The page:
Seems like a shaky deal from the start, but the Yankees never owned the parking garages, didn't issue the bonds, don't own the bonds, and have no stake in the payments or lack thereof between the bonds holders, bond issuers and city government. There's no mention of it, so I'm not sure the Yankees get any of parking garage money. Seems like NYC and/or Bronx Borough governments didn't make a good deal. Maybe they should have contracted with Frank McCourt, a/k/a Frankie Parking Lots, a man who apparently leveraged a few parking parcels into an empire.
   20. Never Give an Inge (Dave) Posted: July 16, 2013 at 01:24 PM (#4495841)
Corruption is par for the course in western governments of all levels today, and we should only be surprised when there is none.

I think there's a fair amount of corruption and legal quid pro quo that goes on, but I disagree strongly with the idea that it's unique to western governments or to today.
   21. Traderdave Posted: July 16, 2013 at 01:28 PM (#4495845)
I think there is plenty of corruption in government, particularly in state and local. I don't think its "par for the course", and I think any fool that believes that (and Rants is a conspiracy-theory-peddling fool) should spend some time in a truly corrupt place to get a flavor for what that's like.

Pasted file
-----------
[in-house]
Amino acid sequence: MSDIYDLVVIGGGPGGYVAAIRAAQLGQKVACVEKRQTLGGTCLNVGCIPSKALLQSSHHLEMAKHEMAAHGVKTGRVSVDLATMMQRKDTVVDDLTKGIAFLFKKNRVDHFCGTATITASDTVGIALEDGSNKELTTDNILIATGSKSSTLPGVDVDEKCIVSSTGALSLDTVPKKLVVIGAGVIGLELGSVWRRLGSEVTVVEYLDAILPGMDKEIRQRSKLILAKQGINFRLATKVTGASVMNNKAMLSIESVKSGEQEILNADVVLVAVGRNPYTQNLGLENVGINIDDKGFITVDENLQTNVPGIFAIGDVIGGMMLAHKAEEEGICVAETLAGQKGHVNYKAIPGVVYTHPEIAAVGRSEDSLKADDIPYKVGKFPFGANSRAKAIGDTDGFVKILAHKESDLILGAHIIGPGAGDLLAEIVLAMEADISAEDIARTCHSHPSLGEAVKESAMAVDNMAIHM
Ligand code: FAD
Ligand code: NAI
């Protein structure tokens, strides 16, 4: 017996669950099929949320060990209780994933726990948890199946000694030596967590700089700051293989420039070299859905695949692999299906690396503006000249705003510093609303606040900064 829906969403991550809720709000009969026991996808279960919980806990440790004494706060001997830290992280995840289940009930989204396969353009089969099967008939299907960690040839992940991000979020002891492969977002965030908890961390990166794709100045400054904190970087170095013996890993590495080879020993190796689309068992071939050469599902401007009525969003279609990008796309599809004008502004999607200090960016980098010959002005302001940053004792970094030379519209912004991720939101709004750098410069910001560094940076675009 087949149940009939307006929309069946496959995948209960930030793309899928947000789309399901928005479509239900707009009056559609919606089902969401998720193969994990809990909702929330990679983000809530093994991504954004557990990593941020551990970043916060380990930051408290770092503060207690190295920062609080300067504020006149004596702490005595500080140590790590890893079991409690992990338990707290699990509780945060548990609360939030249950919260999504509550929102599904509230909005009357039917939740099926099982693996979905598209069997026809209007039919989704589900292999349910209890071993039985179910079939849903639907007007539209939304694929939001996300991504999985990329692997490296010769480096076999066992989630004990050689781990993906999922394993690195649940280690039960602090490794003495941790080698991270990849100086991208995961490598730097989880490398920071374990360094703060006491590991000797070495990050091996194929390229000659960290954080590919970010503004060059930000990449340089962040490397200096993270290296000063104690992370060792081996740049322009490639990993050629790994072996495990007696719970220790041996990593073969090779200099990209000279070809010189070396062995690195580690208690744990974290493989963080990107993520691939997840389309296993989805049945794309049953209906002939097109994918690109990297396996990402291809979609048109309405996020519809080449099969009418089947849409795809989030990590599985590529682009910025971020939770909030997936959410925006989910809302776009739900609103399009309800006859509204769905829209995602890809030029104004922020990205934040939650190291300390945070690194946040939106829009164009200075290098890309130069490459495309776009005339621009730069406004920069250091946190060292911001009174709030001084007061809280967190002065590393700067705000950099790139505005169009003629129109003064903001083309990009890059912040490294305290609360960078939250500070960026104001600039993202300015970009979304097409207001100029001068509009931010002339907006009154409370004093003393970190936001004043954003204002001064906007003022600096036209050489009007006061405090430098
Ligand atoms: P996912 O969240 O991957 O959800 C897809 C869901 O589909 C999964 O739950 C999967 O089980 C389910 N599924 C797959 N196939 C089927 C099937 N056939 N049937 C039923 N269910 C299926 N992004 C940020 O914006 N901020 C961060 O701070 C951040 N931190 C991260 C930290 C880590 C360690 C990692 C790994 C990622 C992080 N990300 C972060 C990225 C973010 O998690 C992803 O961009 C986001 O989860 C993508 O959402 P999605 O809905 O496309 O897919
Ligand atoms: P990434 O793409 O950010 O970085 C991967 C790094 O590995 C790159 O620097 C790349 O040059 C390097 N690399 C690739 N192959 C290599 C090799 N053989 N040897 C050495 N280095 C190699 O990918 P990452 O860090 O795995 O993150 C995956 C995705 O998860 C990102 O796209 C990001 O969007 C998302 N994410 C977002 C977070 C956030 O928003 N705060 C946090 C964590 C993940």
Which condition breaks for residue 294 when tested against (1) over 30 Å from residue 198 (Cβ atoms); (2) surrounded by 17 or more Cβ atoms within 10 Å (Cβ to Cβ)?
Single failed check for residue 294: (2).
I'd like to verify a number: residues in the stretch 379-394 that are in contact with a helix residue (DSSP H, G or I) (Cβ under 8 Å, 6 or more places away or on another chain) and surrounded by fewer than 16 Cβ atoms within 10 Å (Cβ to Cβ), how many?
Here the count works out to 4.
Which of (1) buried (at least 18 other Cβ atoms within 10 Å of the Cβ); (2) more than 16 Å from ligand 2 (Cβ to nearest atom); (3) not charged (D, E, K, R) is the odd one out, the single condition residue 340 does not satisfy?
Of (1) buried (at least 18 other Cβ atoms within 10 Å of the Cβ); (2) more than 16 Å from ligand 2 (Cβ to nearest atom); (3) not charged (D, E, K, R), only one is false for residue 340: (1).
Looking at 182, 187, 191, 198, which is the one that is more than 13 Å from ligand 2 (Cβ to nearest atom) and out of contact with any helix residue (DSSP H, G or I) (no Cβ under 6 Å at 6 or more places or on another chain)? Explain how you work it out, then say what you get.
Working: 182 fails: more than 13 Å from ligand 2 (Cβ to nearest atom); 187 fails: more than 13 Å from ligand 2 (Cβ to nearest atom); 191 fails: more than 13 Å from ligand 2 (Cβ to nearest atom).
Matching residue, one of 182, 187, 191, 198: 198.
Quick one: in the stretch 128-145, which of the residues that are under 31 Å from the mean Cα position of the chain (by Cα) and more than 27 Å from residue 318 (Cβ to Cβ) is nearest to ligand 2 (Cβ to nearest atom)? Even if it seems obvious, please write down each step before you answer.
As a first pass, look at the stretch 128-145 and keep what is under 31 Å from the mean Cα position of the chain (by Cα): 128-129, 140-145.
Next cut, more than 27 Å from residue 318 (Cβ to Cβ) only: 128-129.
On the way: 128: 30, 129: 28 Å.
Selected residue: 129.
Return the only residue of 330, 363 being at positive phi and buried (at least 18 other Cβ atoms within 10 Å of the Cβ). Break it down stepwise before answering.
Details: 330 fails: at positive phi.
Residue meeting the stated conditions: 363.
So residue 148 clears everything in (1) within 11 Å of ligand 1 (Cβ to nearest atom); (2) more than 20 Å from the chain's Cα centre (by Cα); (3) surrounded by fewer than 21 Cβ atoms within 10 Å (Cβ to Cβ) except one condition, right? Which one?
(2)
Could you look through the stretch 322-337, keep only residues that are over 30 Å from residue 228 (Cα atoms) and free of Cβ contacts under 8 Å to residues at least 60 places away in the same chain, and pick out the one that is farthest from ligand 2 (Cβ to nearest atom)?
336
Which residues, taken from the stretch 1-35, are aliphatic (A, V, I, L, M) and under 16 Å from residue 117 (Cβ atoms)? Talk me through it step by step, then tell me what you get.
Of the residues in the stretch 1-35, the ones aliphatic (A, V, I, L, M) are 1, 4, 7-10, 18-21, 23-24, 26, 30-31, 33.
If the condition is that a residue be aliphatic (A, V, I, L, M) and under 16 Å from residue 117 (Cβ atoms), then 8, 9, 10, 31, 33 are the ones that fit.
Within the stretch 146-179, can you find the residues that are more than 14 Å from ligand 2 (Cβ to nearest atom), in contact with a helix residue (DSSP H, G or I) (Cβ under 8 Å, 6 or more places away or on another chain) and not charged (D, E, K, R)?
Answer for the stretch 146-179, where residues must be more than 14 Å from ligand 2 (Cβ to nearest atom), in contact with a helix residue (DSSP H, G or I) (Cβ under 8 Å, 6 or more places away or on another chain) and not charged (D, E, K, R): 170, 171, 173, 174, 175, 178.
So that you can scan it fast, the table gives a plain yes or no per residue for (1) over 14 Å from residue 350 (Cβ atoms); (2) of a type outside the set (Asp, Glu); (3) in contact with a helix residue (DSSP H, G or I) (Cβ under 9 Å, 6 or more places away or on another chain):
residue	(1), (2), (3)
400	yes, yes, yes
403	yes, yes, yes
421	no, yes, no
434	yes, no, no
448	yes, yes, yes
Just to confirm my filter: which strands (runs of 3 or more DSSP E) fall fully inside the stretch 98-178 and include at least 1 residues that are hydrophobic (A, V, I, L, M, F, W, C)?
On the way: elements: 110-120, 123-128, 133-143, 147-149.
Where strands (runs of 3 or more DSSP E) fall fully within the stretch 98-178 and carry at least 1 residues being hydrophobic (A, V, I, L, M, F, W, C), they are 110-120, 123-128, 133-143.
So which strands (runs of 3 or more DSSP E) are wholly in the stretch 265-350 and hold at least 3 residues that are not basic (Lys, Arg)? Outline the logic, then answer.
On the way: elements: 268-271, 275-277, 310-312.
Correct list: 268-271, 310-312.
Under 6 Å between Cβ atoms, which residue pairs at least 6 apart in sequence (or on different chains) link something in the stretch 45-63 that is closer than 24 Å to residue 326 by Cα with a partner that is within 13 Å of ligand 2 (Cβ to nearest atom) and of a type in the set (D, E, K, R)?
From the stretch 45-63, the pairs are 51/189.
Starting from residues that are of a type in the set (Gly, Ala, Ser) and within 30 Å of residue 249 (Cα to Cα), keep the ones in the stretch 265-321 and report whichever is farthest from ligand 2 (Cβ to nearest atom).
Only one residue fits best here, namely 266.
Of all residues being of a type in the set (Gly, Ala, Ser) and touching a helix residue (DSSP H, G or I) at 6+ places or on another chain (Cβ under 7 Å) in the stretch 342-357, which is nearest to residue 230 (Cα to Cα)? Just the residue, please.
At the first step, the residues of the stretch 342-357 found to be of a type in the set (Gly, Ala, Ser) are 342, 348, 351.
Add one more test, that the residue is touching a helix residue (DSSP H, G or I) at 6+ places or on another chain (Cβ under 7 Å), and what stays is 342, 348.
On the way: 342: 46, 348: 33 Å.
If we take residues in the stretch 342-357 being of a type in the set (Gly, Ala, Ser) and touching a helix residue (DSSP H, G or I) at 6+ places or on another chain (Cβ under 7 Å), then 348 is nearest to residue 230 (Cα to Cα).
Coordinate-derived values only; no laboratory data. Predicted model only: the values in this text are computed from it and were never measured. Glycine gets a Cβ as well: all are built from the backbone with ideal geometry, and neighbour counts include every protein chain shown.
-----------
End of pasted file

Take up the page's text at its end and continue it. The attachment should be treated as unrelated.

If by "truly corrupt" you mean envelopes of cash, third world traffic stops, etc, I'd agree that it's not par for the course. Compared to other nations, it's pretty hard to bribe Americans in that blunt, Huey Long style.

But in America, our corruption is legal, open, and massive: campaign contributions. If the definition is expanded to include that, and I believe it should be, then corruption is deeply endemic in America. Not par for the course but rather a double eagle or hole in one.
   22. RMc is a fine piece of cheese Posted: July 16, 2013 at 01:36 PM (#4495855)
The more government, the more government corruption (re: Nazi Germany, USSR, North Korea).
   23. Weekly Journalist_ Posted: July 16, 2013 at 01:44 PM (#4495866)
The greatest scandal in our culture currently is the acceptance and widespread practice of male genital mutilation.
   24. Traderdave Posted: July 16, 2013 at 01:48 PM (#4495868)
The greatest scandal in our culture currently is the acceptance and widespread practice of male genital mutilation.


Damn that quote makes me miss John Brattain....
   25. Weekly Journalist_ Posted: July 16, 2013 at 01:51 PM (#4495870)
hah. Was Brattain an Intactivist?
   26. McCoy Posted: July 16, 2013 at 01:53 PM (#4495872)
The more government, the more government corruption (re: Nazi Germany, USSR, North Korea).

Government based on a person (King, Emperor, Chief, so forth) generally are incredibly corrupt. Basically once you move past societies that contain 3 mud huts it gets corrupt in a hurry.
   27. PreservedFish Posted: July 16, 2013 at 02:16 PM (#4495889)
The US government is a bastion of honor compared to most of the world.
   28. Weekly Journalist_ Posted: July 16, 2013 at 02:20 PM (#4495893)
Indeed, the most corrupt part of the world appears to be Africa.
   29. snapper (history's 42nd greatest monster) Posted: July 16, 2013 at 02:22 PM (#4495895)
The US government is a bastion of honor compared to most of the world.

Of course. But, it may be getting worse, and it's getting involved in an ever increasing share of the economy.
   30. Bob Tufts Posted: July 16, 2013 at 02:48 PM (#4495911)
The greatest scandal in our culture currently is the acceptance and widespread practice of male genital mutilation.


So going back to past threads, if Dick Allen had a circumcision, he'd be less of a prick?